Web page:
Trip Flow over a sphere. Trip: Re = 30,000 (with trip wire turbulent separation) Smooth: Re = 15,000 (laminar separation) From Van Dyke, Album of Fluid Motion Parabolic Press, 1982 Original photographs by Werle, ONERA, 1980 Smooth

f = (dp/dx)D/( ½ U2) CD = D/( ½ U2A) PIPE FLAT PLATE
Both flat plate and pipe do not have wakes. Both have similar laminar and turbulent trends and function of roughness

PIPE FLAT PLATE Both flat plate and pipe do not have wakes.
SMOOTH SPHERE SMOOTH CYLINDER SMOOTH SPHERE FLAT PLATE Both flat plate and pipe do not have wakes. Both have similar laminar and turbulent trends and function of roughness PIPE

Water: Glycerin: High Re Low Re
(3&4) Sometime streamlining increases drag and sometime it decreases drag. Water: High Re Glycerin: Low Re At very low Reynolds numbers viscous effects extend far from body, really no boundary layer to speak of. At higher Reynolds number there is form drag due to a pronounced wake. Streamlining will reduce the size of the wake at higher Reynolds numbers.

Viscous flow around sphere Viscous flow around stream- lined body
From Visualized Flow – Japanese Society of Mechanical Engineers Viscous flow around stream- lined body A 2-D model is installed between the small clearance between two glass plates. The flow of a viscous fluid in this narrow space has sreamlines which coincide with potential flow. [ referred to as Hele-Shaw flow; (h/L)2<<1]

Low Re – then friction drag important, want to decrease area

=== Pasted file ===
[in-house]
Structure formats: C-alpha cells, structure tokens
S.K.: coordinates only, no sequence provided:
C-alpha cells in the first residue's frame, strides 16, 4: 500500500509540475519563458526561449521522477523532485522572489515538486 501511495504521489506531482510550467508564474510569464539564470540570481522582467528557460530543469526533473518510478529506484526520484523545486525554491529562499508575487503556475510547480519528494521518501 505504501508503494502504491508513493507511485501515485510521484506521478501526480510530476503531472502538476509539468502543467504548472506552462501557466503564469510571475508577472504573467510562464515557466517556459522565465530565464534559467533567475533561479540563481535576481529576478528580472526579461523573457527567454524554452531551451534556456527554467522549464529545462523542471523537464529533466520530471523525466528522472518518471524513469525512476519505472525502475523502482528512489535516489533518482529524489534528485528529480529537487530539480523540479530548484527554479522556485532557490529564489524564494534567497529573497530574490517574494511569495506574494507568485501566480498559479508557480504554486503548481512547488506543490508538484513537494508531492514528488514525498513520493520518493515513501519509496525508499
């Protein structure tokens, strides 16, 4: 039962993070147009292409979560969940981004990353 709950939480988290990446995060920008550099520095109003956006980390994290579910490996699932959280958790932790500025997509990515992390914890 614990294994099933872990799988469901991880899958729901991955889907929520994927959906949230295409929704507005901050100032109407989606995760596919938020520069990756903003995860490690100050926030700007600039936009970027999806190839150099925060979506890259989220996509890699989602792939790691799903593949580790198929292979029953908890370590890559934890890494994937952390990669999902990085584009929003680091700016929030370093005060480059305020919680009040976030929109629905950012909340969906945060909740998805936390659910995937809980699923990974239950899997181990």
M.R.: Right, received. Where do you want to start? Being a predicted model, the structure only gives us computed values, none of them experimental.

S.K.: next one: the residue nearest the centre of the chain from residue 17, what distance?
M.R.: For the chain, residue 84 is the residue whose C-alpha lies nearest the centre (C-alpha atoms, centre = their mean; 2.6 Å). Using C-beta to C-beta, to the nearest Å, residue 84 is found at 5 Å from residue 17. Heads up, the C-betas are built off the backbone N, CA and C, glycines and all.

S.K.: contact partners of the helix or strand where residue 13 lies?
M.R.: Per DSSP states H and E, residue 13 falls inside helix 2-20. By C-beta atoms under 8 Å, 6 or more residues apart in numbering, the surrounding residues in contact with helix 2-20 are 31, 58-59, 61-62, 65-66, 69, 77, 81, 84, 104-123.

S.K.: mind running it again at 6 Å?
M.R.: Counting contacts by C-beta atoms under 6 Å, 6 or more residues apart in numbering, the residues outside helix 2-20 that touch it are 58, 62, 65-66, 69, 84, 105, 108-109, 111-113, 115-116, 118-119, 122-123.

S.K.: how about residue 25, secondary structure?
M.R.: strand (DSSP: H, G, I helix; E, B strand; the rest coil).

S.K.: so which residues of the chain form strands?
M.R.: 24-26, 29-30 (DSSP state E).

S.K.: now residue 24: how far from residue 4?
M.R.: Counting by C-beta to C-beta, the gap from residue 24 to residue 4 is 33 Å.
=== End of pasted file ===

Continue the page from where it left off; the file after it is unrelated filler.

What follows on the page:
High Re – then pressure drag important, want to decrease wake

Large wake Small wake

First flight of a powered aircraft 12/17/03 120ft in 12 seconds
Same drag at 210 mph Not until 1907 that a 0ne minute flight was accomplished in Europe ( Henri Farman). By 1905 the Wright brothers were making 30 minute flights. First flight of a powered aircraft 12/17/03 120ft in 12 seconds Orville Wright at the controls

The End Cd of (a) is 2.0; Cd of (b) is 1.2

ASIDE: do you find it odd that viscous drag
SPHERE D ~ U2 D ~ U D = 6RU ASIDE: do you find it odd that viscous drag does not depend on density or pressure (p = RT)?

“The new law that he {Maxwell ~1862}
predicted seemed to defy common sense. It was that the viscosity of a gas – the internal friction that causes drag on a body that moves through it – is independent of pressure. One might expect that a more compressed gas to exert a greater drag.” Turns out that the effect of being surrounded by more molecules is exactly cancelled out by the fact that their mean free path is less. The Man Who Changed Everything – Basil Mahon

When very small dust particles fall through one column
of air at 1 atmospheric, they fall at the same terminal velocity as if it was 0.01 atmosphere.

Most of the drag due to skin friction, very small wake. Most of the drag due to pressure drop, large wake.